Libya's army threw its weight behind an ex-general who launched a new assault Wednesday to retake second city Benghazi from Islamist militias who have seized control of large parts of the turmoil-gripped country.
The North African nation has been gripped by turmoil since the 2011 uprising against long-time leader Moamer Kadhafi, with the authorities struggling to control powerful militias that ousted and killed him.
Gunfire and explosions were heard in Benghazi, an AFP correspondent said, after Haftar announced he was ready to "liberate" the city.
Witnesses said tanks had launched an assault against an Islamist militia known as the "February 17 Martyrs Brigade," while warplanes carried out raids on the group, whose headquarters is located west of the city.
At least 12 people were killed and 10 others wounded, including three soldiers, and a man and his three children, officials said.
A spokesman for Haftar's forces said they captured the February 17 headquarters after several hours of fighting, but there was no way to independently verify the claim.
Later, the army announced it had thrown its weight behind Haftar, who launched a first, unsuccessful, campaign against the Islamists in May, dubbing it "Operation Dignity".
"The Libyan army claims 'Operation Dignity'" as one of its own campaigns, spokesman Colonel Ahmed al-Mesmari said, adding, "now it is one operation of the army, among others."
- Difficult days to come -
In a speech broadcast late Tuesday, Haftar warned: "The coming hours and days will be difficult."
"I bring you today (a message) from the men of Operation Dignity saying that they are ready to fulfil their next goal, which is to liberate the city of Benghazi."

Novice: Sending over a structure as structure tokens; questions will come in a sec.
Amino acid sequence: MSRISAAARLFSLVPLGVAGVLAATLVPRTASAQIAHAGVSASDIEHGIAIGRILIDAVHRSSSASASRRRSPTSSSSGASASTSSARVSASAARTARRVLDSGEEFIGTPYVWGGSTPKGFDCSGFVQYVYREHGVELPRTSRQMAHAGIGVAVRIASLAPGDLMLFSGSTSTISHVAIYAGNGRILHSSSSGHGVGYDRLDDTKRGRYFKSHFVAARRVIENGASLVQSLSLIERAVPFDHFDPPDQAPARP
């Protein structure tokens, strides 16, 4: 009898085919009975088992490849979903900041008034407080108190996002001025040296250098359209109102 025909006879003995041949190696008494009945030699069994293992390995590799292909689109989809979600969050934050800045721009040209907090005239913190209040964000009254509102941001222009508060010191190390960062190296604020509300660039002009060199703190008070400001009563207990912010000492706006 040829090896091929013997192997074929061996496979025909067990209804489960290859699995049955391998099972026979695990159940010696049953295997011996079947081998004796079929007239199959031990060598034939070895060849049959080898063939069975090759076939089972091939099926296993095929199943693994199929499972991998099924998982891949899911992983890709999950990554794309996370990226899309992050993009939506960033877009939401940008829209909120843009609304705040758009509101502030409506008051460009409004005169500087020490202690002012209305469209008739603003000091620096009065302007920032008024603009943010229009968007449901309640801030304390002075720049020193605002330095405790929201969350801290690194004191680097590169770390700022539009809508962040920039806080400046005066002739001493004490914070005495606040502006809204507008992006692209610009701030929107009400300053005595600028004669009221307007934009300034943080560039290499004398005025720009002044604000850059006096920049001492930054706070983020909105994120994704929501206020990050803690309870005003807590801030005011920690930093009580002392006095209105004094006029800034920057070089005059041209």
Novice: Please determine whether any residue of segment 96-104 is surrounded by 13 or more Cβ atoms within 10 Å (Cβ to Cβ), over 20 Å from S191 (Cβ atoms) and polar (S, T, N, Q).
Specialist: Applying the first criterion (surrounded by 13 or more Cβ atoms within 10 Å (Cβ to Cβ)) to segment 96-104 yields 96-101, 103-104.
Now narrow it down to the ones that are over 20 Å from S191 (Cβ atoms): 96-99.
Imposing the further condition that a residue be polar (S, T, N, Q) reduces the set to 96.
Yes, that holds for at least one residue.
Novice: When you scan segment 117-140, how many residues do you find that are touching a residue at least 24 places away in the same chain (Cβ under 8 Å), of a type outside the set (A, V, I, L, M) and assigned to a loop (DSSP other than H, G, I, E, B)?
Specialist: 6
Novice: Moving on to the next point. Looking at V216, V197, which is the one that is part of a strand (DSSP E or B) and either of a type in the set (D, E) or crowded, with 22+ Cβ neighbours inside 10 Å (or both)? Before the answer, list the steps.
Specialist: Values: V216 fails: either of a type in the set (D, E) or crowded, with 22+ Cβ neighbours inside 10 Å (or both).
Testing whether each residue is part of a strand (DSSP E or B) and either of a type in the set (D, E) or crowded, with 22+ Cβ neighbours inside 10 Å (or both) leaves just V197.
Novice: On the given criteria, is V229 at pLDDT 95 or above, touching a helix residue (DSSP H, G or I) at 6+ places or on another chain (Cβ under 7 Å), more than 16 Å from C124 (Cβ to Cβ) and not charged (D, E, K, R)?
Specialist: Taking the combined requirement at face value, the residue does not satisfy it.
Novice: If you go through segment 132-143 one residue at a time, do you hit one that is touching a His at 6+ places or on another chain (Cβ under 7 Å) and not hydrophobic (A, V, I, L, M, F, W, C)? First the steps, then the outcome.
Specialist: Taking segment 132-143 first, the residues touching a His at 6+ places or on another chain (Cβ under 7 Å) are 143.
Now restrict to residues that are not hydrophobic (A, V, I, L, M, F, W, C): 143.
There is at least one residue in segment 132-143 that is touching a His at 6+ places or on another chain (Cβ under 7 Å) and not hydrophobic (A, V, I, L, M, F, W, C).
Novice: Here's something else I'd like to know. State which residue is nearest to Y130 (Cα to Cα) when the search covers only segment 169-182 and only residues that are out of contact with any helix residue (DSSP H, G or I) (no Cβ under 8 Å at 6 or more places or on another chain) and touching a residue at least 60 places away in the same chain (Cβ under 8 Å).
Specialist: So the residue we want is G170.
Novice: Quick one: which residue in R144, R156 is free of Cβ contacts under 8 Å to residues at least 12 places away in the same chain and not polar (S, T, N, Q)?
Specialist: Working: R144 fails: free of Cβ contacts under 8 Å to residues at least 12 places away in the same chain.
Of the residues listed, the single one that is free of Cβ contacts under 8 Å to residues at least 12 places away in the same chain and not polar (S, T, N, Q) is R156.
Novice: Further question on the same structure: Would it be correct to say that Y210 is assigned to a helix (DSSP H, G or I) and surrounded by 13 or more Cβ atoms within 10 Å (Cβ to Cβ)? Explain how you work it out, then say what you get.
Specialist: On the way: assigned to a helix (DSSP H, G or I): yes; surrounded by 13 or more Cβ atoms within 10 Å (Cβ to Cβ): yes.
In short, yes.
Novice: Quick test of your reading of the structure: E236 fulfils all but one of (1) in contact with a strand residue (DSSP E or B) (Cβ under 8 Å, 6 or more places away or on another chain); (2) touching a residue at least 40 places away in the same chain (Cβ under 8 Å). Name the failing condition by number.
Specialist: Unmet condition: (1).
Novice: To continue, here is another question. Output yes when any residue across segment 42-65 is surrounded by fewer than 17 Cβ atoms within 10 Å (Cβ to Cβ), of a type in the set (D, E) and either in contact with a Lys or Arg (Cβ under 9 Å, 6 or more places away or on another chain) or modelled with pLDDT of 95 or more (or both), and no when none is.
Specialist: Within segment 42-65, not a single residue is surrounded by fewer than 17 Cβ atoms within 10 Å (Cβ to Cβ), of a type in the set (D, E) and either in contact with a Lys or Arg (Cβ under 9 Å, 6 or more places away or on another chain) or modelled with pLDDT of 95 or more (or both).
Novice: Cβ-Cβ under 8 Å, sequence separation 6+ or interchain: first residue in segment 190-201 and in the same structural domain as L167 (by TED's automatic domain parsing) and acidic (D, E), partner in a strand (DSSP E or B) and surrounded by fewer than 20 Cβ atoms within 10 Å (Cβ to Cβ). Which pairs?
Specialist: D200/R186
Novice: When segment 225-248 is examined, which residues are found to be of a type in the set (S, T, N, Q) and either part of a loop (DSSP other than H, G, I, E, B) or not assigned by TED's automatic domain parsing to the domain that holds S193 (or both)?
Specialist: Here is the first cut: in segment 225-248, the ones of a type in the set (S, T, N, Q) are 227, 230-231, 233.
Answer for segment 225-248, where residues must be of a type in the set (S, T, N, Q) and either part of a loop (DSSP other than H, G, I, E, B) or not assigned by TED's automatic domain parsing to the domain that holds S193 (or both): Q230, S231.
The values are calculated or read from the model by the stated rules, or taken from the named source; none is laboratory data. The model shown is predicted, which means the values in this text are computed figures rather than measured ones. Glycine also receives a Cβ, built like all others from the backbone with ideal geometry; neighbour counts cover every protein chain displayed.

A spokesman for Haftar had earlier called on young people in Benghazi to secure their neighbourhoods and to keep out Islamist fighters, saying the former general's forces would enter the city on Wednesday.
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The Islamists include the Ansar al-Sharia jihadist militia, which the United States has branded a "terrorist" organisation.
Haftar is a former Kadhafi general who spent years in exile before returning to join the 2011 revolution. When he launched Operation Dignity, the authorities accused him of trying to carry out a coup.
It was "an action outside state legitimacy and a coup d'etat," the army, government and parliament said in a joint statement.
Haftar denied having any interest in seizing power, countering that he wanted to rid the country of Islamist influence.
Oil-rich Libya has two competing governments and a host of rival armed militias jostling for influence in the largely lawless country.
One parliament, elected in June, is recognised by the international community but contested by the militia controlling most of Tripoli, and by the Islamists who dominate Benghazi.
And that parliament, at the end of August, named Colonel Abdel Razzak Nadhouri, one of the commanders of Operation Dignity, as the new army chief of staff.
Prime Minister Abdullah al-Thani and the majority faction of that legislature decamped this summer to the far eastern city of Tobruk because of widespread insecurity, including in the capital, where a rival administration has been set up.
Since launching Operation Dignity, Haftar and his forces have been steadily beaten back to a final redoubt at Benghazi's airport.
Islamists had been attacking the airport almost daily since mid-September when Haftar launched his new offensive Wednesday.
At least 34 people have been killed in violence in Benghazi during the past two days, according to military and hospital sources.
On Tuesday, seven soldiers were killed in a car bomb near the airport, according to a Haftar spokesman.
UN chief Ban Ki-moon made a surprise visit to Libya on Saturday to urge warring factions to end the turmoil shaking the country.
Clashes between rival militias in Libya have driven an estimated 287,000 people from their homes, including about 100,000 who have fled the outskirts of the capital, the UN refugee agency said on Friday.